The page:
Other internal projects are “programmed” because we are both good at it, but also lazy. We don’t want to re-make an analog calendar every year, so we have software do that.

Data Analysis

For years, we’ve taking data and converted it into something more easily understood and actionable. We are still taking survey data in various forms and converting that to reports with charts and graphs of results data and longitudinal data. More recently, we’ve taking some skills from past projects around video game analytics and repurposing that for a new project.

Project Planning

For many projects, our responsibilities are not just a hired-hand. We have our input, ideas and skills we bring to the projects. That means planning, discussing and deciding goals and milestones.

We do a lot of this, but it is meta-work, work to get work done. Especially, being remote, having constant weekly planning meetings helps keep everyone on track.


We are onboard consulting for two companies. We do both consulting and some mix of programming, data analysis and planning. It isn’t a huge portion of what we do, since we are so close to the projects, consulting and planning blur.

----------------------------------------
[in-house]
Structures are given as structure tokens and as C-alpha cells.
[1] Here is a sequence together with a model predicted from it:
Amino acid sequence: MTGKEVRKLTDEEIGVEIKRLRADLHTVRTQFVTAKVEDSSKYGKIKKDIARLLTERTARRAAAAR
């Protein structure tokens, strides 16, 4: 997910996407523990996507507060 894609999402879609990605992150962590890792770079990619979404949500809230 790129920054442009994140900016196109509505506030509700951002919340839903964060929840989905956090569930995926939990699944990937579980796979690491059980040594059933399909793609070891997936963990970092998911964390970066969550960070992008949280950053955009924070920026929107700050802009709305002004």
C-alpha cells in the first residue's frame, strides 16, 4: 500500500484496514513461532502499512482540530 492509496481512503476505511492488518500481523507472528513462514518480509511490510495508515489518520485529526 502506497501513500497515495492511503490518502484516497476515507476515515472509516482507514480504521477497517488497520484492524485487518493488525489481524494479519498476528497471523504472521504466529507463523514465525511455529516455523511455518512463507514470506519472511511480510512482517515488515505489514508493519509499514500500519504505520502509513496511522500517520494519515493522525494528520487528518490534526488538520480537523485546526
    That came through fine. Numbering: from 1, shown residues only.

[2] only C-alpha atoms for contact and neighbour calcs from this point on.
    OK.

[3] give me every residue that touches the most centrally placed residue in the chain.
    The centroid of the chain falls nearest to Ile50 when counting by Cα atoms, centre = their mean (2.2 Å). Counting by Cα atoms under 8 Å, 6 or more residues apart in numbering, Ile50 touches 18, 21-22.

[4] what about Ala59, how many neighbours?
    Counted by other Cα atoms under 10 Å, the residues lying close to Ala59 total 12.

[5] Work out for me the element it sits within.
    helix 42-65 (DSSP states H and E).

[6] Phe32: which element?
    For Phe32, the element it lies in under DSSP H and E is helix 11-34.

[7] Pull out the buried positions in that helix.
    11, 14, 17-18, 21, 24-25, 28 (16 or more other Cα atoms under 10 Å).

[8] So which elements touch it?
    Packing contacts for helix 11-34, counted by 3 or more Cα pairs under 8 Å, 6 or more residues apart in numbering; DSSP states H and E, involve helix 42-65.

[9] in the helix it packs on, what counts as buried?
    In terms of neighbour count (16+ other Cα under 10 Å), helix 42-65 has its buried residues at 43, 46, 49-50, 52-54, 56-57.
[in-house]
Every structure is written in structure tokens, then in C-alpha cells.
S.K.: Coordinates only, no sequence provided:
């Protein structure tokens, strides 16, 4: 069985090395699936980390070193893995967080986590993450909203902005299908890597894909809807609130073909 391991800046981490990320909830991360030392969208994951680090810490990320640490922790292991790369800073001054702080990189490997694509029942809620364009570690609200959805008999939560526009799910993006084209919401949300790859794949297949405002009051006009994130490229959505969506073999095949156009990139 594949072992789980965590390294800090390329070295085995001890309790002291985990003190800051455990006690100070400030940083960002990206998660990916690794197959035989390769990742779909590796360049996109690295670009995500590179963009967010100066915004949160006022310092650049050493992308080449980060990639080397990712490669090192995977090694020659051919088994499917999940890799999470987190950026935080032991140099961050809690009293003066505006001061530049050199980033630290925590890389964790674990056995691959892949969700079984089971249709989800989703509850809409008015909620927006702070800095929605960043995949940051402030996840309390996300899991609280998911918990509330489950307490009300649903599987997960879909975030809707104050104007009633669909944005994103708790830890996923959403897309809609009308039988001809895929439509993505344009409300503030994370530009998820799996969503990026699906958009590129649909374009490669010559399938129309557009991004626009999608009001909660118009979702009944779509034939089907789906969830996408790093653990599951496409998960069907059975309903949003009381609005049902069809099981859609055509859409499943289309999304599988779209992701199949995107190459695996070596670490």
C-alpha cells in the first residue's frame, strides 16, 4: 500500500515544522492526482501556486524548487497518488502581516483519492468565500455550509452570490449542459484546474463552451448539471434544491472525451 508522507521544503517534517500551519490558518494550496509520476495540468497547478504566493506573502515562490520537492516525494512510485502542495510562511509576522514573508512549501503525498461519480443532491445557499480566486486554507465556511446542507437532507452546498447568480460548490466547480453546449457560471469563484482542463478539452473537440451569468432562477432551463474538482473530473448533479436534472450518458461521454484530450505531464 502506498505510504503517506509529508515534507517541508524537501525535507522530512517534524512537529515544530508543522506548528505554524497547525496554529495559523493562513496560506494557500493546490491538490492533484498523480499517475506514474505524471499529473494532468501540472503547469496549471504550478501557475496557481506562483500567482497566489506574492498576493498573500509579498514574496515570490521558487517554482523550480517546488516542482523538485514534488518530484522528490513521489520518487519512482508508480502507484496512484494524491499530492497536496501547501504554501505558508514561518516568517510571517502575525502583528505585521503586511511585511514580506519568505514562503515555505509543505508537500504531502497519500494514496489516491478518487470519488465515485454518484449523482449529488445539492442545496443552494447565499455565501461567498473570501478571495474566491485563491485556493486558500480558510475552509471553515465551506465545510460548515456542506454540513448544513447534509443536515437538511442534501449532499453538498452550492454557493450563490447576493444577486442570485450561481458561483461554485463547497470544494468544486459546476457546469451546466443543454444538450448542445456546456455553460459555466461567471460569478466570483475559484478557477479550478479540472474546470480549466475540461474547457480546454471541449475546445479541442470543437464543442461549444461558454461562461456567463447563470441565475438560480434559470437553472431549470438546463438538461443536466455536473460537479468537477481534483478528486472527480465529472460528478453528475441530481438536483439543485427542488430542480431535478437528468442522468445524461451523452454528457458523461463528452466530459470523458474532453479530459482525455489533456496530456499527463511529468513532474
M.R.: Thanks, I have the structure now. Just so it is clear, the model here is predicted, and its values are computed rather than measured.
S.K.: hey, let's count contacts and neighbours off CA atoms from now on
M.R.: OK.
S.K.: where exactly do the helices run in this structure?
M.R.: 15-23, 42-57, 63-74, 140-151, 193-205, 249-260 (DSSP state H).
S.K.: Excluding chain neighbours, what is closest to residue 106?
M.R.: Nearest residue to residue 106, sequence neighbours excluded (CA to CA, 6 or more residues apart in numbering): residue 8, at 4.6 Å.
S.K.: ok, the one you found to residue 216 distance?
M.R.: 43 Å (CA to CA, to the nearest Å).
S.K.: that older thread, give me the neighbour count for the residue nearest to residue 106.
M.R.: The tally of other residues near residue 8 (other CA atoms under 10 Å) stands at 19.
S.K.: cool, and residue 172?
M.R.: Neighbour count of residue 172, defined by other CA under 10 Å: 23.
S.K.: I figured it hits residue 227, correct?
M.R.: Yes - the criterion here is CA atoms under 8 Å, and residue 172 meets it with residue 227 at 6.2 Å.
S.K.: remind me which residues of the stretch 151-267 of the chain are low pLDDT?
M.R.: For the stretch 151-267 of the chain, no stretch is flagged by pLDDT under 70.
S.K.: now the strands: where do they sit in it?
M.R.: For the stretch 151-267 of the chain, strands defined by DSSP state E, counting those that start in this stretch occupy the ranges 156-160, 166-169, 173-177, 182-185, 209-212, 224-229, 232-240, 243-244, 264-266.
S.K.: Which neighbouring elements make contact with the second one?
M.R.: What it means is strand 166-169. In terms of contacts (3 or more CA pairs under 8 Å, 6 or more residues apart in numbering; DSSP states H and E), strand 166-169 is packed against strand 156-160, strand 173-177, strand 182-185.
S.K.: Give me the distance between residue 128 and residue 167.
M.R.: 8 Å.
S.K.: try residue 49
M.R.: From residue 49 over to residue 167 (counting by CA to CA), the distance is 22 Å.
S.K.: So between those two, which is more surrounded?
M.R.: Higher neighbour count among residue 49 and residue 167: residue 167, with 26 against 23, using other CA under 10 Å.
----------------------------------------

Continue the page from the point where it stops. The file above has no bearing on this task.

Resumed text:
We created a table of expense categories with comparisons for the last few years. There are no major surprises. Since this was technically the second year of the EHF company (LLC), there was a bigger carry-over in company tax from 02021. The SLF company was being drained, while the EHF was making the income. That explains why the lower tax in 02021 and the higher in 02022.

Office Supplies7.73%3.39%1.49%3.80%2.44%12.29%7.1%
Professional Services4.24%2.83%2.72%5.56%1.64%2.36%2.7%

We also split out “Fees” and “Insurance” into their own category, but they accounted for less than 1% of our annual expenses, therefore they got rolled into “Office Supplies”. This category includes printing costs, internet, phone, office furniture and supplies and other miscellaneous computer hardware and software.

The category we need to keep an eye on is “Professional Services”. In previous years, we paid the accountant to deal with our monthly salary payments, VSK (VAT) Taxes every other month and the annual report. With the creation of the EHF, we moved the monthly salary payments and VSK in-house using a local online service PayDay.is. Somehow we’re paying for that through “Office Supplies” and an external accountant for the certified annual report, but the “Professional Services” category has not dropped. We’d expect that moving tasks internally, while it adds hours to ourselves, we have a better understanding and overview of the company, while reducing external costs (which it hasn’t, yet).